Ignitability of hollow cone gasoline/gasoline-ethanol sprays
Conference contribution, 2009
Powering vehicles by a fuel-blend of ethanol and gasoline (E85) is being considered as one of various possible ways to decrease fossil carbon dioxide emissions. There is great potential to both improve power and increase energy conversion efficiency using such blends in combination with direct injection by modern outward-opening piezo-actuated injectors. However, cold starts when using mixtures with high ethanol contents are problematic. This report presents results of ongoing observations of sprays from a piezo-injector under conditions similar to those that would be encountered in-cylinder during cold starts at -30°C (243 K) ambient temperatures.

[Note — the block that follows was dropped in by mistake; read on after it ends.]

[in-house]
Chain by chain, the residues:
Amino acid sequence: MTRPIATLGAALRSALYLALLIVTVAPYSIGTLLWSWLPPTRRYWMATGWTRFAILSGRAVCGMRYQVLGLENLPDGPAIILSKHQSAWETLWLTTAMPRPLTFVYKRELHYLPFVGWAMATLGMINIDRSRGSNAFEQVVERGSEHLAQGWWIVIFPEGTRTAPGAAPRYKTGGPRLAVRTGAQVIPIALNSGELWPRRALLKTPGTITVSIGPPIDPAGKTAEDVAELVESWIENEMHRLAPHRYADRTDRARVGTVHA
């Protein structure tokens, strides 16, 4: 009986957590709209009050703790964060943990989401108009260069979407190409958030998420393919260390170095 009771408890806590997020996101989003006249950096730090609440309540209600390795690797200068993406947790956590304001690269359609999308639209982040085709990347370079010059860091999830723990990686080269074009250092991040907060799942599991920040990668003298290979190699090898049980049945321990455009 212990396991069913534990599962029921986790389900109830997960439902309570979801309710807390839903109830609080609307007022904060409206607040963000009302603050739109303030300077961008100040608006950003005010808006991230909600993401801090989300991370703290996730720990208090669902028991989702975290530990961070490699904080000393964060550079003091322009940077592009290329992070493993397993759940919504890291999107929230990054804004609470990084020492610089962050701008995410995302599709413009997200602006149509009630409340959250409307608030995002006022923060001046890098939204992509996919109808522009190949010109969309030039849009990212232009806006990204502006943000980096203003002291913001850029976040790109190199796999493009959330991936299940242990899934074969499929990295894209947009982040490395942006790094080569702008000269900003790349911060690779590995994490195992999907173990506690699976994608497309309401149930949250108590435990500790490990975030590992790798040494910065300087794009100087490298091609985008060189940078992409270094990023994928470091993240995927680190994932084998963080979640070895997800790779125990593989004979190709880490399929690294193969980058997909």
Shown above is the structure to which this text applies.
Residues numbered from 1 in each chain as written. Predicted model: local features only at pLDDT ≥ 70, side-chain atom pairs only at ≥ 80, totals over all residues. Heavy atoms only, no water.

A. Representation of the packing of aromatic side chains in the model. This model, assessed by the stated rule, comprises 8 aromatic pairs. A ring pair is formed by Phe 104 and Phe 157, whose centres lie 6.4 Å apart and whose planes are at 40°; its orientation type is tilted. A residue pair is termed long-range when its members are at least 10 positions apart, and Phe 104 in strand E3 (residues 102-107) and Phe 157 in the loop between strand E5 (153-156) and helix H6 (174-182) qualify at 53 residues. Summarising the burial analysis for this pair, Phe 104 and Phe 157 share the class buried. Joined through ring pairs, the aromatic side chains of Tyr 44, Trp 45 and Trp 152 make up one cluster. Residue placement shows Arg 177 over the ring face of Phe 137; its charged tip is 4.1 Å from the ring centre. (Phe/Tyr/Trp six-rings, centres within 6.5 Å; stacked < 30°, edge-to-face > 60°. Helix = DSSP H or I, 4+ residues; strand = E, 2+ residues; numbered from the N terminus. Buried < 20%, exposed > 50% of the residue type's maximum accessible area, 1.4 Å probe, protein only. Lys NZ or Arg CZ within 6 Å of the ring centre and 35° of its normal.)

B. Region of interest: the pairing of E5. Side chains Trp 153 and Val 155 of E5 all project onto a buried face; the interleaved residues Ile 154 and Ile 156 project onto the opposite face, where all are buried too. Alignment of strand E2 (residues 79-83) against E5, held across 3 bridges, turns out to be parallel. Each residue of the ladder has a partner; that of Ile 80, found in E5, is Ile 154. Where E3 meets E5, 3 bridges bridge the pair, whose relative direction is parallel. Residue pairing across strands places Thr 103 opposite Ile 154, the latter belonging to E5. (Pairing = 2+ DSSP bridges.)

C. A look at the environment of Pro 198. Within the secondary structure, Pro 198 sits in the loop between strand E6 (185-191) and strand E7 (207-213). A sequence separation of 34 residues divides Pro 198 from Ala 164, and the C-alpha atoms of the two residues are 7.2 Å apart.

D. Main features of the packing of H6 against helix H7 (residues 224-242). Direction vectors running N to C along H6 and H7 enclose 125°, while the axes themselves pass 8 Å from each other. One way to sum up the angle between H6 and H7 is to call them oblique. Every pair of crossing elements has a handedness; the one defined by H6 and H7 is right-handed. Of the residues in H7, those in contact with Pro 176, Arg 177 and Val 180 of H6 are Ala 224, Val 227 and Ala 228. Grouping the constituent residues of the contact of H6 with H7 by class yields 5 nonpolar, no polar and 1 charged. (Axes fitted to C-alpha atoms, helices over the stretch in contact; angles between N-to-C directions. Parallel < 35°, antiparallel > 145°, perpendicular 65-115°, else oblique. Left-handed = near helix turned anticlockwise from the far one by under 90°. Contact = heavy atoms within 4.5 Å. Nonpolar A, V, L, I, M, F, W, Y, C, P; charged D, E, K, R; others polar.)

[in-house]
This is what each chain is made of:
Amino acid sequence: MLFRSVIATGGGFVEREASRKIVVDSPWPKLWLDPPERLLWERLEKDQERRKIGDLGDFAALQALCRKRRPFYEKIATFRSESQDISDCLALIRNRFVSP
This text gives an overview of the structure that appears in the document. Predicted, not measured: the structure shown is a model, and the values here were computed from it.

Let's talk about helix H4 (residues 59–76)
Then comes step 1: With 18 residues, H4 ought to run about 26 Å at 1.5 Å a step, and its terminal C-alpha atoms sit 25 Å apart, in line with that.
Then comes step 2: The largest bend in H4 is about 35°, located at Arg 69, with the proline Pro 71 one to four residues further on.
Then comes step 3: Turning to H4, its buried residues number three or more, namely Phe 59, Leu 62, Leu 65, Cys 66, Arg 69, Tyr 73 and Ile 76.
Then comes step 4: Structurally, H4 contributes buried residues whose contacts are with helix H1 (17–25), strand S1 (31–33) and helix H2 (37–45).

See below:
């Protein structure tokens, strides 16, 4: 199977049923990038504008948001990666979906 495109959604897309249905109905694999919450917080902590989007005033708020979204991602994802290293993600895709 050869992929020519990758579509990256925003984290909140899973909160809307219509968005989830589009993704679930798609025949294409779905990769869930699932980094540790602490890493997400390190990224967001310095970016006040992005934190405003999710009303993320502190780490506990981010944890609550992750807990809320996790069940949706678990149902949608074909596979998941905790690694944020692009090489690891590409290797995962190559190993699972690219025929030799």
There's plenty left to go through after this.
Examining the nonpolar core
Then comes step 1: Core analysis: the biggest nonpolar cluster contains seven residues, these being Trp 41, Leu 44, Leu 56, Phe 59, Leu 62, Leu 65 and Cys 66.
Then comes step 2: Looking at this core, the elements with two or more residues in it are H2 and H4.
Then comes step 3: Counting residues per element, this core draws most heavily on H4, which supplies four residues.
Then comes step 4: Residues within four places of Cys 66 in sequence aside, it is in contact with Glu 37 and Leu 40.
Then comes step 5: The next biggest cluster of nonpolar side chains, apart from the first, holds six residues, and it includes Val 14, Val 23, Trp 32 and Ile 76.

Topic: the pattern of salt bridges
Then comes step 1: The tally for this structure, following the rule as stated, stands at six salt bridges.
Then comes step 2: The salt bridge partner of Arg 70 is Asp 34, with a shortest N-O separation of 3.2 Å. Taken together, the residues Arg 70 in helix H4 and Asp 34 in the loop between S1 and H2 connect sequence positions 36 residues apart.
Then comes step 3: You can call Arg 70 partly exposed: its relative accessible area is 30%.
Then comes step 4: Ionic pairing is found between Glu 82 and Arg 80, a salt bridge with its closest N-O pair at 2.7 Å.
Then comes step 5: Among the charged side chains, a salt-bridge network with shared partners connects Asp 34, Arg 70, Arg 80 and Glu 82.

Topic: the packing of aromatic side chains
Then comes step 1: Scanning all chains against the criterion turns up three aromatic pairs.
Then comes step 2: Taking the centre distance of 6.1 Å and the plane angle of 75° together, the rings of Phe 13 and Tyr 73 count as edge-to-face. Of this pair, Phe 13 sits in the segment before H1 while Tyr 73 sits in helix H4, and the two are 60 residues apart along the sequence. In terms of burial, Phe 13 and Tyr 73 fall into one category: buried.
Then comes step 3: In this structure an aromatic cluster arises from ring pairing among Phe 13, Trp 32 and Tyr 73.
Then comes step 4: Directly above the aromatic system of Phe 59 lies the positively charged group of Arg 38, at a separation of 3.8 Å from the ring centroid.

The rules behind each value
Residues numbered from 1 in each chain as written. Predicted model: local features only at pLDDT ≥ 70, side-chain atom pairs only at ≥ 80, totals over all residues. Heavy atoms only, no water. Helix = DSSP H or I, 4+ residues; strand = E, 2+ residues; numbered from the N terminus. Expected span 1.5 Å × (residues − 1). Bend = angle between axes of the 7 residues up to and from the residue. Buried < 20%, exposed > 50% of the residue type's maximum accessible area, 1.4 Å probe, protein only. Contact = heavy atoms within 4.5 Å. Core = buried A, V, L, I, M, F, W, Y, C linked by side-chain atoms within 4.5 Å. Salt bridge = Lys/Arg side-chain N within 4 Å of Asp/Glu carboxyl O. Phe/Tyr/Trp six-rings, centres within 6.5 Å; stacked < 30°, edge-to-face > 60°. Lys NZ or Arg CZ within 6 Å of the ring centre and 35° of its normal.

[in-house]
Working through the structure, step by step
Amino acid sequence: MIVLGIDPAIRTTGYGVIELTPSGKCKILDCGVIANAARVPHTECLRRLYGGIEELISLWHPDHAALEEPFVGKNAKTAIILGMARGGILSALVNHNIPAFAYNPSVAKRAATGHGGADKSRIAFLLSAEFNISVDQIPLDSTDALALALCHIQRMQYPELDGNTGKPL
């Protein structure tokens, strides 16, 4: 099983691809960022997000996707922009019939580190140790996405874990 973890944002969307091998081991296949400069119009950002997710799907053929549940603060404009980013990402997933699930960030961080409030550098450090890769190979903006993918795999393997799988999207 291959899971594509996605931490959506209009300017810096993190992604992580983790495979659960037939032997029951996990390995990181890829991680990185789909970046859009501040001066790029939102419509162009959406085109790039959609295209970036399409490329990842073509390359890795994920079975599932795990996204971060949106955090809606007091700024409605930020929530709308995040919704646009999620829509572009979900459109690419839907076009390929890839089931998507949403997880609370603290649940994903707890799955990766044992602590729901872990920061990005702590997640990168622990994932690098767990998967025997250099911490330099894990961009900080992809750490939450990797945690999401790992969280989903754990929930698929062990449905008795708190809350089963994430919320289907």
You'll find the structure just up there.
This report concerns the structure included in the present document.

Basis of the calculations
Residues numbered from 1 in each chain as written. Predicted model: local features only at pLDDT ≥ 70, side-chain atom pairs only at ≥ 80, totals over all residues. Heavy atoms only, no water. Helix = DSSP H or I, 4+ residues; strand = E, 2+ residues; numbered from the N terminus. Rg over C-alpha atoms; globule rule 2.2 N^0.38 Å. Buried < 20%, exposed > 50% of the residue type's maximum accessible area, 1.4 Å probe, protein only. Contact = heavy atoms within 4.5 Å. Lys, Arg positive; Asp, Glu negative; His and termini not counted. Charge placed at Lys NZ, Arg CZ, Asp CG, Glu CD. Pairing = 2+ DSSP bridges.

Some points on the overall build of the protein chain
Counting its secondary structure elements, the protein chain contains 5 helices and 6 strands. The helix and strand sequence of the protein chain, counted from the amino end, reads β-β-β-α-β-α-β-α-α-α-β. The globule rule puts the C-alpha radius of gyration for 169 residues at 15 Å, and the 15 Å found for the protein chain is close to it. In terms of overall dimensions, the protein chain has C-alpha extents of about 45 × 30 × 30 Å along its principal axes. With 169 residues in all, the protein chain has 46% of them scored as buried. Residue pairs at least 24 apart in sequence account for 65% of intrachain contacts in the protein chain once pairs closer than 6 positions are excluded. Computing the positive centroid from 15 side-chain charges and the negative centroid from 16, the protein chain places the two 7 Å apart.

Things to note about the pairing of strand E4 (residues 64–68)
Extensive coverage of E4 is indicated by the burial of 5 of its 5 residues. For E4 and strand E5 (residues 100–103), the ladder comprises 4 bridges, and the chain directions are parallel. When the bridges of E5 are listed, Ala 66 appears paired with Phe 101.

Sprays of several fuels (gasoline, E75 and neat ethanol) have been monitored in a constant pressure, constant temperature spray chamber by both laser-induced fluorescence, to obtain understanding of the fuel vaporization process, and particle image velocimetry to map flow velocities and vortex formation inside the sprays and fuel clouds formed by their atomisation. In addition, the ignitability of the ethanol fuel sprays has been evaluated using focused laser light to obtain indications of the likelihood that similar sprays could be ignited in a real engine.
As expected, under the test conditions ethanol evaporates more slowly than the lighter components of gasoline. In experiments at various temperatures, with constant air density, the vortex structure inside ethanol fuel clouds varied substantially between cycles, but remained similar. The clouds consistently formed toroid shapes in which two counter-rotating vortices developed, and the first traces of vapour appeared at the centres of these vortices. In addition, the laser ignition tests showed that under possible in-cylinder conditions with a fairly high compression ratio (~12:1) it would be possible to ignite a stratified neat ethanol spray.